In partnership with the Jewish Book Council, we aim to bring something extra to your Shabbat dinner table.
Jewish Book Council enriches and educates the Jewish community through Jewish literature. JBC provides tools for substantive conversations about Jewish life and identity. You can find out more at www.jewishbookcouncil.org, and join the conversation on Instagram and Facebook.
“Three possessions should you prize: a field, a friend, and a book.”
– R. Hai ben Sherira, ca. 998 CE.
The Jews have long been known as a “people of the book,” a reference to the centrality of Torah to the Abrahamic faiths. For your next Shabbat dinner, we invite you to let your table be your field, and gather with friends and a good book.
Our Current Books that Nourish
Sephardi: Cooking the History by Hélène Jawhara Piñer
In this extraordinary cookbook, chef and scholar Hélène Jawhara-Piñer combines rich culinary history and Jewish heritage. Steeped in the history of the Sephardic Jews (Jews of Spain) and their diaspora, these recipes are expertly collected from such diverse sources as medieval cookbooks, Inquisition trials, medical treatises, poems, and literature. Original sources ranging from the thirteenth century onwards and written in Arabic, Spanish, Portuguese, Occitan, Italian, and Hebrew, are here presented in English translation, bearing witness to the culinary diversity of the Sephardim, who brought their cuisine with them and kept it alive wherever they went. Jawhara-Piñer provides enlightening commentary for each recipe, revealing underlying societal issues from anti-Semitism to social order. In addition, the author provides several of her own recipes inspired by her research and academic studies.
A Fistful of Lentils by Jennifer Felicia Abadi
“This is a cookbook about my family’s stories, history and cooking from Aleppo, Syria. Quotes and stories are interwoven throughout the recipes, along with line drawings. There is as much to read as there are recipes to cook from! I embarked upon this cookbook project to record all of the delicious Syrian dishes that I had grown up with and was afraid would be lost over time. In the 1970s, my mother Annette and my Aunt Essie first decided to collect my great-grandmother Esther’s recipes. Carefully observing her in the kitchen and eking out as many Old World secrets as they could, they gathered a substantial number of recipes, resulting in a three-ring binder that provided us with many successful Syrian dinner parties. Thirty years later I picked up from where they left off, cooking alongside my own grandmother Fritzie, translating her “handfuls of this” and “pinchfuls of that” into standard measurements for others to follow.”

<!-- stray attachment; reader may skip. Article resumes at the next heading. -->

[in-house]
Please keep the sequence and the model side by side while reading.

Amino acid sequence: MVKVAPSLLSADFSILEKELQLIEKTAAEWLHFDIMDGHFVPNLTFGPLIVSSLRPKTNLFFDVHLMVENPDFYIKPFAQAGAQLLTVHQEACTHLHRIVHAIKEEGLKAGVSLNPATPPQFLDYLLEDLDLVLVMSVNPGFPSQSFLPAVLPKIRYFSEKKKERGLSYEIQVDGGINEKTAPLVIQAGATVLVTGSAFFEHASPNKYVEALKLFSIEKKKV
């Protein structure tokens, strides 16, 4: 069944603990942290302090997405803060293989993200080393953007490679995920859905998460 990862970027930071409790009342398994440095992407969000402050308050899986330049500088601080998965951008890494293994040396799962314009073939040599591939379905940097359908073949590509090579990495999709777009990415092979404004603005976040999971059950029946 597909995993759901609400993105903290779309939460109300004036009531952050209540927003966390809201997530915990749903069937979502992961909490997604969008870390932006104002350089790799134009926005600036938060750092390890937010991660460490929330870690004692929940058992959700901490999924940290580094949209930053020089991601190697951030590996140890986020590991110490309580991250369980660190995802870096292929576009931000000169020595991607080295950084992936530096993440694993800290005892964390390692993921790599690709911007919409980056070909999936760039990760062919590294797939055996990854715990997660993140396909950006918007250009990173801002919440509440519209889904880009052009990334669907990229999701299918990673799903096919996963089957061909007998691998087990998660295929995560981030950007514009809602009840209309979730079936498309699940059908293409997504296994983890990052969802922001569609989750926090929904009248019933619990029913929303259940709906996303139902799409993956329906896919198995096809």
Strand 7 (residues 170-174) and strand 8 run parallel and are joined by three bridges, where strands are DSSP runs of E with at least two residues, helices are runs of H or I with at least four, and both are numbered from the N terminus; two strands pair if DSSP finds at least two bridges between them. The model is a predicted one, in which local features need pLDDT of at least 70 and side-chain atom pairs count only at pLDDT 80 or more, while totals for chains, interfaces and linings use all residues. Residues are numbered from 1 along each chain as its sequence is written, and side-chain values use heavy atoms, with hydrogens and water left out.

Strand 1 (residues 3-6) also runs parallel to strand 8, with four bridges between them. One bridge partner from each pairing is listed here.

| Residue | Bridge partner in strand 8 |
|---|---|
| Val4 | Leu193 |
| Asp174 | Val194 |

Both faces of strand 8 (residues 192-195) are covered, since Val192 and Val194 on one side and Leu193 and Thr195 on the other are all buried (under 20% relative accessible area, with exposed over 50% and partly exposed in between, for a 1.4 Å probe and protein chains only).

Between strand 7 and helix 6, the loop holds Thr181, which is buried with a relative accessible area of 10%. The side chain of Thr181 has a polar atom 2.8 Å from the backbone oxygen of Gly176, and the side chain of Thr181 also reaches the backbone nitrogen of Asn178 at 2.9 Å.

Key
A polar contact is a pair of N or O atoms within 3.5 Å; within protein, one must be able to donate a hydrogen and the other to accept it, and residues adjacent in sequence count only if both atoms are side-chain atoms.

Jew-ish: A Cookbook: Reinvented Recipes from a Modern Mensch by Jake Cohen
When you think of Jewish food, a few classics may come to mind: chicken soup with matzo balls, challah, maybe a babka if you’re feeling adventurous. But as food writer and nice Jewish boy Jake Cohen demonstrates in this stunning debut cookbook, Jewish food can be so much more. In Jew-ish, he reinvents the food of his Ashkenazi heritage and draws inspiration from his husband’s Persian-Iraqi traditions to offer recipes that are modern, fresh, and enticing for a whole new generation of readers.
The Cooking Gene by Michael W. Twitty
Twitty is a Black Jewish writer, culinary historian, and educator. In this James Beard Foundation Book of the Year, Twitty offers a fresh perspective on our most divisive cultural issue, race, in this illuminating memoir of Southern cuisine and food culture that traces his ancestry–both black and white–through food, from Africa to America and slavery to freedom.
Letters to My Palestinian Neighbor by Yossi Klein Halevi
This is the first attempt by an Israeli author to directly address his Palestinian neighbors and describe how the conflict appears through Israeli eyes…Halevi’s letters speak not only to his Palestinian neighbor but to all concerned global citizens, helping us understand the painful choices confronting Israelis and Palestinians that will ultimately help determine the fate of the region.
How to Get these Books
A quick note:You must have already posted your dinner in order to successfully request books.
Create your dinner and select your Nourishment Credits:
- All of these books are available as a Nourishment Option for your Shabbat! Simply fill out how many of them you want on the selection screen.
- Then fill out a simple form indicating where we should send them, if relevent. Cookbooks can be mailed to recipients. Other books will be sent digitally.
- Get to reading!